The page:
REVIEW: “He Brought Her Heart Back In A Box”

REVIEW: “He Brought Her Heart Back In A Box”

Adrienne Kennedy might just be the most famous and important African American playwright you’ve never heard of—that’s because her work is more often studied than performed.  An Obie Award winner for 1964’s “Funnyhouse of a Negro”,  now 86, Ms. Kennedy’s first new play in a decade opened Tuesday night in a world premiere at Theatre for a New Audience in Brooklyn.

He Brought Her Heart Back in a Box” features an evocative title to match an equally evocative text about the horrific inescapability of history, tragedy of interracial love, and contradictions of life in the Jim Crow South; clocking in at just 45 minutes, this two-hander is a memory play, mostly consisting of letters—evidence—read aloud between two lovers in 1941 Georgia and New York. 

Chris (Tom Peckina*) is the white son of the owner of the county’s largest peach tree plantation, Harrison Aherne, who orchestrated the literal architecture of its segregated society despite fathering multiple children with black women.  Optimistic and confident, Chris has the sweets for Kay (Juliana Canfield), a poor school girl of mixed race who is haunted by the mysterious death of her mother—was it suicide or murder?  When Chris goes to New York to become an actor—vignettes of Mr. Pecinka singing light ditties of the era offer lovely and poignant moments of escapism—the two exchange letters of reminiscence before being reunited in the play’s memorable and gasp-inducing climax (no spoilers here).

For those unfamiliar (me included), density is a trademark of Ms. Kennedy’s work.  Audiences are wont to search for threads of realism or to intellectualize, struggling to make sure they don’t “miss it” or to be sure that they “understand it”.  We are to be forgiven for these habits, for more often than not, we live amidst realistic content.  Ms. Kennedy, instead, sees her plays at states of mind, packed with cultural and historical references, and brimming with music and imagery that form connections across non-linear stories easily violating the time and space continuum.  Her plays are to be experienced as much as understood, but also contain a minefield of big and provocative ideas, tinged with both rage and sentimentality.

There is little to no exposition in “He Brought Her Heart Back in a Box”, only the mysterious unfolding of a decidedly dense and rich text that is a deft dialectic with historical fact and contradiction.  It is easy to understand why Ms. Kennedy’s work is so often studied by students of drama.  At a time when African American playwrights were confined to the realism of a kitchen table drama, Ms. Kennedy eschewed convention and blazed a trail through her experimental writing that often boldly addresses black female trauma.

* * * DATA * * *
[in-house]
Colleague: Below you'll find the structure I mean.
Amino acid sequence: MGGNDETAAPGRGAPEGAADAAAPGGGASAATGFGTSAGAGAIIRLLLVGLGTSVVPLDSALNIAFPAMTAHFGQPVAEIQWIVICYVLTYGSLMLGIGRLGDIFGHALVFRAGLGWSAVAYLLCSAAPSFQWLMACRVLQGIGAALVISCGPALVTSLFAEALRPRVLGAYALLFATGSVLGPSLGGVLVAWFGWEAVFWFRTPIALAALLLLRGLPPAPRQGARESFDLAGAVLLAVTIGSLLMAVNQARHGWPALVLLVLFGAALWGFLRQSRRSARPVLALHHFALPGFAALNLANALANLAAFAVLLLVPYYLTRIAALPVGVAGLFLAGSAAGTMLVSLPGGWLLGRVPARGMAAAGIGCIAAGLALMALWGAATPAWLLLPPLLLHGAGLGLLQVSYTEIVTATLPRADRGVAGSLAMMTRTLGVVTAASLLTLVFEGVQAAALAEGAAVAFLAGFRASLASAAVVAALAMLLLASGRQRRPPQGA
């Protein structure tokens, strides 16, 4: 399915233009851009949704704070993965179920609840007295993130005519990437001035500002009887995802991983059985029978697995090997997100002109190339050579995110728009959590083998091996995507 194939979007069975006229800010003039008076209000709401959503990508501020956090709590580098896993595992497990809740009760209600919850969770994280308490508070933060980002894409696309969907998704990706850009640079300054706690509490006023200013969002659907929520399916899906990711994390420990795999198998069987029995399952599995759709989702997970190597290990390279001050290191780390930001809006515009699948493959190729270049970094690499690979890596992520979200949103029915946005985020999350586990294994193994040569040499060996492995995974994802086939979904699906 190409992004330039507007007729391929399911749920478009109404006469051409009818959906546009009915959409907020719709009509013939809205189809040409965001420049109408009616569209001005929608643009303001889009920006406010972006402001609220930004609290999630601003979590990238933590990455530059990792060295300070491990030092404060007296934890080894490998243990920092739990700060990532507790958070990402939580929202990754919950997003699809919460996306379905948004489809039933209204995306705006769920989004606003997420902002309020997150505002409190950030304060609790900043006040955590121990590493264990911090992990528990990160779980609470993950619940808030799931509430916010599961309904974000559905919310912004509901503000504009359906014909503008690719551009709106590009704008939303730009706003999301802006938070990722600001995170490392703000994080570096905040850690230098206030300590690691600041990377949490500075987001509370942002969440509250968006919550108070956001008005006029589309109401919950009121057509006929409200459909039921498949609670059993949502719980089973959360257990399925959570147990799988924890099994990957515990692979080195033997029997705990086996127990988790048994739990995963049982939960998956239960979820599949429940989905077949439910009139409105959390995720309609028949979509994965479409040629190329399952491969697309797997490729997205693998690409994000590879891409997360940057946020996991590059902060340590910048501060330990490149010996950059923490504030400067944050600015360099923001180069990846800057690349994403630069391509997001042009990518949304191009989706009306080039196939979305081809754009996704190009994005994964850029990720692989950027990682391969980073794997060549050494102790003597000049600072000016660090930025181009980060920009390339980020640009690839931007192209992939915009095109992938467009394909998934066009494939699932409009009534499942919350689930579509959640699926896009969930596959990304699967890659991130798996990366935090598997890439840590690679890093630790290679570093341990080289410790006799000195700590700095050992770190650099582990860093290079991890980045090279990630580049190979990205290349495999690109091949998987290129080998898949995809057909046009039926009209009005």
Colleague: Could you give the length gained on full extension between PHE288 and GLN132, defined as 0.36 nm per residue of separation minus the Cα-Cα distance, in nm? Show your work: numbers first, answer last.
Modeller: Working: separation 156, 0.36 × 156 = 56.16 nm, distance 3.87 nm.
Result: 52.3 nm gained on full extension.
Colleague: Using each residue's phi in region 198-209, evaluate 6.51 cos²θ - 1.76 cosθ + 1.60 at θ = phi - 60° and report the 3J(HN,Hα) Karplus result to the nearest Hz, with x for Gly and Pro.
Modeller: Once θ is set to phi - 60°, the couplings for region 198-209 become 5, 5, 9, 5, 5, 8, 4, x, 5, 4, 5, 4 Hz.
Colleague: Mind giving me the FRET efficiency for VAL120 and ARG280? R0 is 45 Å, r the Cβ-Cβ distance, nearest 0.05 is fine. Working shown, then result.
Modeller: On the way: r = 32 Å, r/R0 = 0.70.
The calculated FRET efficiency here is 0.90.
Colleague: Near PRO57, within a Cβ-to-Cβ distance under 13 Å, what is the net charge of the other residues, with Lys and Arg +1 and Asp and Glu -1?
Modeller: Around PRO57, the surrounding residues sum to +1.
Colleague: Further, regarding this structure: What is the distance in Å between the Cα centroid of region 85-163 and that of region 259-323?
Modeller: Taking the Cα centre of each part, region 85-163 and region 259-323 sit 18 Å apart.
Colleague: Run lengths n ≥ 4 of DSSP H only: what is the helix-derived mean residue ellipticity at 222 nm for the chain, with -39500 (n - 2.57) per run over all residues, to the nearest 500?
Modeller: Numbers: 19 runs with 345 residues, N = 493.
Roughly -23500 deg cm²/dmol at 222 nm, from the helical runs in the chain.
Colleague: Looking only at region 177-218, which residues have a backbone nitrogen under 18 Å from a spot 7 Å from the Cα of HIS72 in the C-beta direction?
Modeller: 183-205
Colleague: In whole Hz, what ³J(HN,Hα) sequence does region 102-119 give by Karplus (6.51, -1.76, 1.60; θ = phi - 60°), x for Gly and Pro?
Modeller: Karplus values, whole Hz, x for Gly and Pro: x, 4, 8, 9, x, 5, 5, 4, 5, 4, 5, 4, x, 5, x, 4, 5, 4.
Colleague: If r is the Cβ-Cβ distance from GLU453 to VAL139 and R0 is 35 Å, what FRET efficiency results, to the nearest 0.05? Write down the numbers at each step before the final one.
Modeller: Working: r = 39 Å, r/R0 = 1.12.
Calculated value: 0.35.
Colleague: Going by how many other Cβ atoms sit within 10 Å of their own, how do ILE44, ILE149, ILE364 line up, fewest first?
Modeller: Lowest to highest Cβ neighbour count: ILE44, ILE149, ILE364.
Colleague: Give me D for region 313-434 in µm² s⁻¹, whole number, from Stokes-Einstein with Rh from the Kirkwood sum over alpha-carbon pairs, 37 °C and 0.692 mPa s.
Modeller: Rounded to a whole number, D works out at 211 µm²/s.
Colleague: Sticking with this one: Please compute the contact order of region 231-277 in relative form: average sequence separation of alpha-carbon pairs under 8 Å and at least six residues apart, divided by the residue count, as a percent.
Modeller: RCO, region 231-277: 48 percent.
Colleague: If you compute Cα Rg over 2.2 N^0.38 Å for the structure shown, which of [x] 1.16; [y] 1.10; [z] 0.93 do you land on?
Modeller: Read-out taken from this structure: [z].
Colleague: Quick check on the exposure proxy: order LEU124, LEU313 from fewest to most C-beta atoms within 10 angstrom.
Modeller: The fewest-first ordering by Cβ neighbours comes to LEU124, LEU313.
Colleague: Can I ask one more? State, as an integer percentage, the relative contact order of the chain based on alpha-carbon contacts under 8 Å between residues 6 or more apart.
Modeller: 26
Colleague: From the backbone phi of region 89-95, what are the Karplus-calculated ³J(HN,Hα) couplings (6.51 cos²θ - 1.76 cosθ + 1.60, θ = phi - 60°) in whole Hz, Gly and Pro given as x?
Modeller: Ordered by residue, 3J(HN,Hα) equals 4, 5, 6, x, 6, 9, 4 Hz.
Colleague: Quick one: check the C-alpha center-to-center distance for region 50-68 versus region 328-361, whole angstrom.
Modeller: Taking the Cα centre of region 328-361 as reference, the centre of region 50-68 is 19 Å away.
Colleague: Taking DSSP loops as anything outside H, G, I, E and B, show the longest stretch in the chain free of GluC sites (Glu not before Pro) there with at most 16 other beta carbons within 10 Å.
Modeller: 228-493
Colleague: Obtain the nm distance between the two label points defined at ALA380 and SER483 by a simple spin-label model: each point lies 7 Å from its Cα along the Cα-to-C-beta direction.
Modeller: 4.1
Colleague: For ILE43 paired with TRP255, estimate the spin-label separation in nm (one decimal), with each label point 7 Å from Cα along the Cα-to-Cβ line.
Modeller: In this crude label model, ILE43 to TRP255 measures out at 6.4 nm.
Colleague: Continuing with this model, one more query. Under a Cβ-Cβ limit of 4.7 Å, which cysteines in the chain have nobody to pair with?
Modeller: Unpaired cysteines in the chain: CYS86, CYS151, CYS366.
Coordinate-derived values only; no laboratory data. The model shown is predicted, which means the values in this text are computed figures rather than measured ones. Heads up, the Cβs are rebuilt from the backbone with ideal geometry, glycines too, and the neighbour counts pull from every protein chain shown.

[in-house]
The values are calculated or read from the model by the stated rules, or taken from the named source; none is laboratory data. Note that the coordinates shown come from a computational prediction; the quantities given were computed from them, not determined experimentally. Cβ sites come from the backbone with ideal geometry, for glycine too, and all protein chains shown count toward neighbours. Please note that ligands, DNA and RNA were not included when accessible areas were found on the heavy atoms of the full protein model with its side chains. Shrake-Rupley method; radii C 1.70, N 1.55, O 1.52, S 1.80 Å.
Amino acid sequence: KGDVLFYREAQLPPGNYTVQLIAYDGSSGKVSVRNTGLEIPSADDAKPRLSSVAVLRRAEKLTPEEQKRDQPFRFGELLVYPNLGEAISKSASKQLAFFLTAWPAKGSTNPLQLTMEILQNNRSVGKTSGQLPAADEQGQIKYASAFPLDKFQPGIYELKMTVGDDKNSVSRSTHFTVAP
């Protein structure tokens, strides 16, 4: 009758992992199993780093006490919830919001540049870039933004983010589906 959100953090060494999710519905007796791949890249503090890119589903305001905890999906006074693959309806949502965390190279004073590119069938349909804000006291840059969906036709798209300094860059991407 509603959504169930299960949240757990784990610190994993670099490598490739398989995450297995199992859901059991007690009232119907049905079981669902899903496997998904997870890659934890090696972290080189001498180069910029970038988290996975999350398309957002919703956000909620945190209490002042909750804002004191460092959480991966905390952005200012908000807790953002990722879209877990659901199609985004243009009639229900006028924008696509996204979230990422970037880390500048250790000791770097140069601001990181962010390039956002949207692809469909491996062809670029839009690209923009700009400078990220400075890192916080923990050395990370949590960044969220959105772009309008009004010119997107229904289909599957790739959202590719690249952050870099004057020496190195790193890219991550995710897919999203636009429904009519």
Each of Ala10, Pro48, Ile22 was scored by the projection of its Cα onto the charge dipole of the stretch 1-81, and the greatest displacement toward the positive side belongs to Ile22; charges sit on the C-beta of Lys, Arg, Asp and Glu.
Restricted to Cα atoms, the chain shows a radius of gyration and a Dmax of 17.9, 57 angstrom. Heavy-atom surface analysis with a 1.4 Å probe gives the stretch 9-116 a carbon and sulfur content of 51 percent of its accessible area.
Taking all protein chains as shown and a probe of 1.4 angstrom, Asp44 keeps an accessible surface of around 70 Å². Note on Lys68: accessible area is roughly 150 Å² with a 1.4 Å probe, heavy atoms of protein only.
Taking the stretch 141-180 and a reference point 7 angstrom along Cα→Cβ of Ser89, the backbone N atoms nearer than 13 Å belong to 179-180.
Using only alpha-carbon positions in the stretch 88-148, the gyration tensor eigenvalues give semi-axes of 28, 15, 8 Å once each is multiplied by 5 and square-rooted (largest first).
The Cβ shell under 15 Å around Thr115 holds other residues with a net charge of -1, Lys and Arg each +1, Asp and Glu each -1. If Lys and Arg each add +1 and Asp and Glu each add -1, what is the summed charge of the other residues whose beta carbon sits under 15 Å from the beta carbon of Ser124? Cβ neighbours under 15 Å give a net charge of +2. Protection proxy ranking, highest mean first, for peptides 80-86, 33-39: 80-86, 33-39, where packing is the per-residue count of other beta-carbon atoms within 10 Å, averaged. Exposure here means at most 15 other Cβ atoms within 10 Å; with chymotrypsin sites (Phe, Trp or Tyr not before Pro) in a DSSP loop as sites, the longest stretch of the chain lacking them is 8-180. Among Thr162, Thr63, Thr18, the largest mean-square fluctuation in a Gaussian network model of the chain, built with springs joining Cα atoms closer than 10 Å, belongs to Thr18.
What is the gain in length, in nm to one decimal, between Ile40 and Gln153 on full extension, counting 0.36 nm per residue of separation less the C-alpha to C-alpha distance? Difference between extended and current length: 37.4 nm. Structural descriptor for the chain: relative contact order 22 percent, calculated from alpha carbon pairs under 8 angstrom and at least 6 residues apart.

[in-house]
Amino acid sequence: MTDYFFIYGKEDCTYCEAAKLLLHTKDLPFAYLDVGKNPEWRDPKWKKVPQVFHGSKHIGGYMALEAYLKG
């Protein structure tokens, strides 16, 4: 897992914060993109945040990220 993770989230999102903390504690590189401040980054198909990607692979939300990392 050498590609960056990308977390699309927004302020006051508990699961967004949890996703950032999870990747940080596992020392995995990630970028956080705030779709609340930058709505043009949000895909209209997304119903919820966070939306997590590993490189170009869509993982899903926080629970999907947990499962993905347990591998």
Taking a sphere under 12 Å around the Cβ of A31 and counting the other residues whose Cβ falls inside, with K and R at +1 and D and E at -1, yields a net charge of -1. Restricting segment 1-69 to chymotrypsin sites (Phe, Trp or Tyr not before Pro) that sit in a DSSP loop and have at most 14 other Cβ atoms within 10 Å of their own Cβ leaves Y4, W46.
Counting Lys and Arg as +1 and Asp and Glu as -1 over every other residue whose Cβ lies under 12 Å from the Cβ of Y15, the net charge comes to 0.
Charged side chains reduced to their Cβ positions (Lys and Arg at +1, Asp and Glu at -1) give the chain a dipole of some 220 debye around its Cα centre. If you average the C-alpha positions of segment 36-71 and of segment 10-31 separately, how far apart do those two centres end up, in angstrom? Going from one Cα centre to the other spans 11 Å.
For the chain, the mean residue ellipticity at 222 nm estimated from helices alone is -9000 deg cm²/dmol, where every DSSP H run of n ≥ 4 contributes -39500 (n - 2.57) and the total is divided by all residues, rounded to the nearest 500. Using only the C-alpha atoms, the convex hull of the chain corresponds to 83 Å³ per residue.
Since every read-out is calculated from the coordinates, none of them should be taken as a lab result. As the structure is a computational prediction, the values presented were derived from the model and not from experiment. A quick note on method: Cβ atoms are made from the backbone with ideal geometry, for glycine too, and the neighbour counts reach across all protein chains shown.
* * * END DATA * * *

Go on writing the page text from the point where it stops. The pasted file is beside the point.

Among the starkest kernels of thought embedded throughout “He Brought Her Heart Back in a Box” is the historical fact of how Nazi Germany studied the American South for lessons on how to segregate a society in a search for racial purity, and how the fictional Aherne family played a role in facilitating that pernicious exchange.  This stain on our history tragically haunts the play and the relationship of its characters.

Mr. Pecinka and Ms. Canfield, recent graduates of the Yale School of Drama, give intense and polished performances under the hand of director Evan Yionoulis, whose use of space (set design by Christopher Barreca), sound (by Justin Ellington), and video projection (by Austin Switser) combine to bring Ms. Kennedy’s text to life in surprising and powerful ways.  Though brief, this play is one likely to occupy your mind for days after seeing it.

Bottom Line: Trailblazing experimental African American playwright Adrienne Kennedy’s powerful new play, “He Brought Her Heart Back in a Box”, pieces together an anatomy of interracial young love amidst 1940s Georgia, stewing in the horrific inescapability of history, the tragedy of racism, and contradictions of life in the Jim Crow South.  Dense, quick, sentimental, angry, and mysterious, this is one new work from a legend worth checking out.

*I went to high school with Mr. Pecinka, and we acted in several plays together.
He Brought Her Heart Back In A Box
Theatre for a New Audience
Polonsky Shakespeare Center
262 Ashland Place
Brooklyn, NY 11217

Running Time: 45 minutes (no intermission)
Opening Night: January 30, 2018
Final Performance: February 11, 2018

tl;dr for February 5th

NOTES: “Heart and Soul” with the New York Pops

NOTES: “Heart and Soul” with the New York Pops